Houston Independent School District trustees have again decided in favor of rewarding the captain of the district, Superintendent Terry Grier, for sub-standard academic results, instead of holding him accountable for the sinking ship.

At HISD’s December board meeting, the board unanimously voted to give Grier a bonus of $116,673.33 on top of his contracted base salary of $300,000.

While 80.4% of HISD students and families are considered economically disadvantaged, and the district’s percentage of low-performing schools is nearly twice as much as the statewide percent, trustees somehow find it justifiable to award Grier a bonus that is almost 40% of his annual salary.

The 2014-2015 Public Education Grant list compiled by the Texas Education Agency showed that out of 268 HISD campuses, 58 were placed in the “needs improvement” category. The other districts in the region that are comparable in size, Cypress-Fairbanks and Fort Bend ISD, had only five failing schools between the both of them.

A Houston news organization reported that in the 2013-2014 school year, the year for which this extravagant bonus was given, there were high school seniors graduating HISD who couldn’t read. After analyzing the End-of-Year testing data, Unlimited Access Educational Systems determined that, “Only 29% of elementary school students read at or above grade level.”


Sheltered by secrecy, school board trustees don’t release their individual evaluations of the superintendent. According to the board president, Juliet Stipeche, there would be no need for public discussion because the board hashed out the details in a closed-door session. Even though HISD taxpayers fund not only this bonus, but salaries of all HISD staff, the board finds backroom politics acceptable, and has no problem keeping taxpayers in the dark. One board member said they are, “working to revise the system and Grier’s next evaluation will be different.” Reassuring, right?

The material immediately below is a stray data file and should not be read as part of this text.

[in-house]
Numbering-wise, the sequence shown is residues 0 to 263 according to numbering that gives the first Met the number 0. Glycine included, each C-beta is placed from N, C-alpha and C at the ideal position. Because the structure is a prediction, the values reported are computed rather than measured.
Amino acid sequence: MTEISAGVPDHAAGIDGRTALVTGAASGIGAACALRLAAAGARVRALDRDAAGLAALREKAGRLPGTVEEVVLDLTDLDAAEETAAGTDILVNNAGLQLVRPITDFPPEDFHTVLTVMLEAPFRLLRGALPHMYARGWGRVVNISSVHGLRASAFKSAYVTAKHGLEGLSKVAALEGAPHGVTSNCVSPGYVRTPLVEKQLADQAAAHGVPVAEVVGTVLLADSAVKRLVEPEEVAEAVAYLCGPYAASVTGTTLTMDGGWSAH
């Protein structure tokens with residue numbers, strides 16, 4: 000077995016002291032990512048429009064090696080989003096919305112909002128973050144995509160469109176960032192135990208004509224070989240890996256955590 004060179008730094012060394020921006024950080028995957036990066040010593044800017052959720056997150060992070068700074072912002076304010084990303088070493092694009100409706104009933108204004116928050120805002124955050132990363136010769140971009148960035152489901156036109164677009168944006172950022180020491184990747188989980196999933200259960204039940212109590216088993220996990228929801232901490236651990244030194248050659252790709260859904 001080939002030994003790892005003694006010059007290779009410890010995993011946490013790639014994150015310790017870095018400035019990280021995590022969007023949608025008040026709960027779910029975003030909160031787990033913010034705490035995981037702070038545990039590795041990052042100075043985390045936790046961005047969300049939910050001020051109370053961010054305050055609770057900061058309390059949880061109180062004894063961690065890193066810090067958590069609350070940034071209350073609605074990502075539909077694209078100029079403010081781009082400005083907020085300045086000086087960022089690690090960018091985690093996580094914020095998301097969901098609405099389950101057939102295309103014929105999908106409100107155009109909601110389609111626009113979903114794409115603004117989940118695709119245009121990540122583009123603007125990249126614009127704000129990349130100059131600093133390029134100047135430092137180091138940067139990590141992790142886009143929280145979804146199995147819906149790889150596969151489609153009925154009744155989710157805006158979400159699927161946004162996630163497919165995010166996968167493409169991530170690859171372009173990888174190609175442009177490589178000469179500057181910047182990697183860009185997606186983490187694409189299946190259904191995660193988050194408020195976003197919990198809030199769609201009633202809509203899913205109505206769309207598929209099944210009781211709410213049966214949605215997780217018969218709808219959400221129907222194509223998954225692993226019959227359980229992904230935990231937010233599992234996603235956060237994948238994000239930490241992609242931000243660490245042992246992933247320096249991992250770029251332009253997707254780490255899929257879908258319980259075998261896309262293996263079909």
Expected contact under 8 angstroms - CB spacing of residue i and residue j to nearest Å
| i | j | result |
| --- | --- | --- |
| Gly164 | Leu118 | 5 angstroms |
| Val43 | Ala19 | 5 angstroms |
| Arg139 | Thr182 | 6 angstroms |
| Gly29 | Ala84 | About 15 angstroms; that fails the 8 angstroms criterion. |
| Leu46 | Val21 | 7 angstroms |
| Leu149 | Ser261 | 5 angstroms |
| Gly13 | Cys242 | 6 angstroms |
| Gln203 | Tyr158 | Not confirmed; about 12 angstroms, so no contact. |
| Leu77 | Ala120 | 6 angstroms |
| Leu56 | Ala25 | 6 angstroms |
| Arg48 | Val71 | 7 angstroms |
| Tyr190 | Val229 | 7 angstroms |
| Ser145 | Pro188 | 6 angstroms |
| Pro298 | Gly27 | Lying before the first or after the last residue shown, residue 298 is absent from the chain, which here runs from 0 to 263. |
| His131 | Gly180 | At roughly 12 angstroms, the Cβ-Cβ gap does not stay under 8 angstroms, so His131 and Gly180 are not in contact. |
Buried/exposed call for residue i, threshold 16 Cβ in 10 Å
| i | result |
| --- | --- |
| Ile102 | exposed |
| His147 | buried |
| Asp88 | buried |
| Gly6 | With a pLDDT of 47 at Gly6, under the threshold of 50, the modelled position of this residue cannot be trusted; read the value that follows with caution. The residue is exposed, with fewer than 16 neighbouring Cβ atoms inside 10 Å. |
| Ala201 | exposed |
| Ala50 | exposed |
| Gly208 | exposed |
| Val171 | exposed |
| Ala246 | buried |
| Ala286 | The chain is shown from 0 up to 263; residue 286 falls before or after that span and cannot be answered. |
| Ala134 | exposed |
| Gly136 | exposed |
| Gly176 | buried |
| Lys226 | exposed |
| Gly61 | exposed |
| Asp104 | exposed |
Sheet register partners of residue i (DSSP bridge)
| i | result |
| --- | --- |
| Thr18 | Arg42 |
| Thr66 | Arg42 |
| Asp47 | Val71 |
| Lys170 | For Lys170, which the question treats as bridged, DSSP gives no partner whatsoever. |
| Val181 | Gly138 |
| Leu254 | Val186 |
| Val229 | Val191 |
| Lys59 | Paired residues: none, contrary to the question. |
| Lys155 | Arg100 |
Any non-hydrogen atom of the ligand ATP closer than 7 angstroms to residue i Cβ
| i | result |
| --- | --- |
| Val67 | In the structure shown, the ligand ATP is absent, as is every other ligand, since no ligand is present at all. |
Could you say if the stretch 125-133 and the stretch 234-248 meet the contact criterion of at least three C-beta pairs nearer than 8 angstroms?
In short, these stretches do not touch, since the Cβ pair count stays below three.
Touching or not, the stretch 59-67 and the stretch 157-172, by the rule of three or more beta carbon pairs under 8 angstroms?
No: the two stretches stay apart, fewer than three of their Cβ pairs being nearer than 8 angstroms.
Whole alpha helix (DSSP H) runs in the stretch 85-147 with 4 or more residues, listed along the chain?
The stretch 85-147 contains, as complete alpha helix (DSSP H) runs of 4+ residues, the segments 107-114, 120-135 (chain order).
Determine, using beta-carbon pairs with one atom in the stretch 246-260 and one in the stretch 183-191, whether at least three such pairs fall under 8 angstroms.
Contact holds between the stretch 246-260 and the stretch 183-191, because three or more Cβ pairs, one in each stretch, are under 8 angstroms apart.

School board members said that the bonus is a combination of his evaluation and student performance. The grading scale used rates Grier in multiple categories, such as population growth, enrollment, and test scores. As mentioned in a previous article, a majority of student enrollment has been from unaccompanied and undocumented minors, which undoubtedly add to the board’s admiration for Grier’s ability to boost the HISD student body.

Grier, whose contract runs through 2016, has received more than $420,000 in bonuses within the past four years. This doesn’t include car and technology stipends, payout for leave days he does not use (up to 65), and reimbursements for a number of other reasons. His most recently released reimbursements totaled more than $25,000.

While raking in taxpayer dollars, Grier is enjoying all of the perks of being the chief administrator of the largest school district in Texas, and seventh largest in the nation. He recently visited the White House to tout HISD’s commitment to offer more computer science classes. Prior to that, Grier travelled to Istanbul, Turkey for on an all-expense paid trip paid for by the HISD Foundation.(The HISD Foundation, which Grier sits on the board of, is a not-for-profit organization that raises funds for district-wide and school-based programs to boost student achievement.)

This highly paid, subpar administration is not the return on investment that Houston taxpayers deserve.

Charles Blain

Charles Blain is the president of Urban Reform and Urban Reform Institute. A native of New Jersey, he is based in Houston and writes on municipal finance and other urban issues.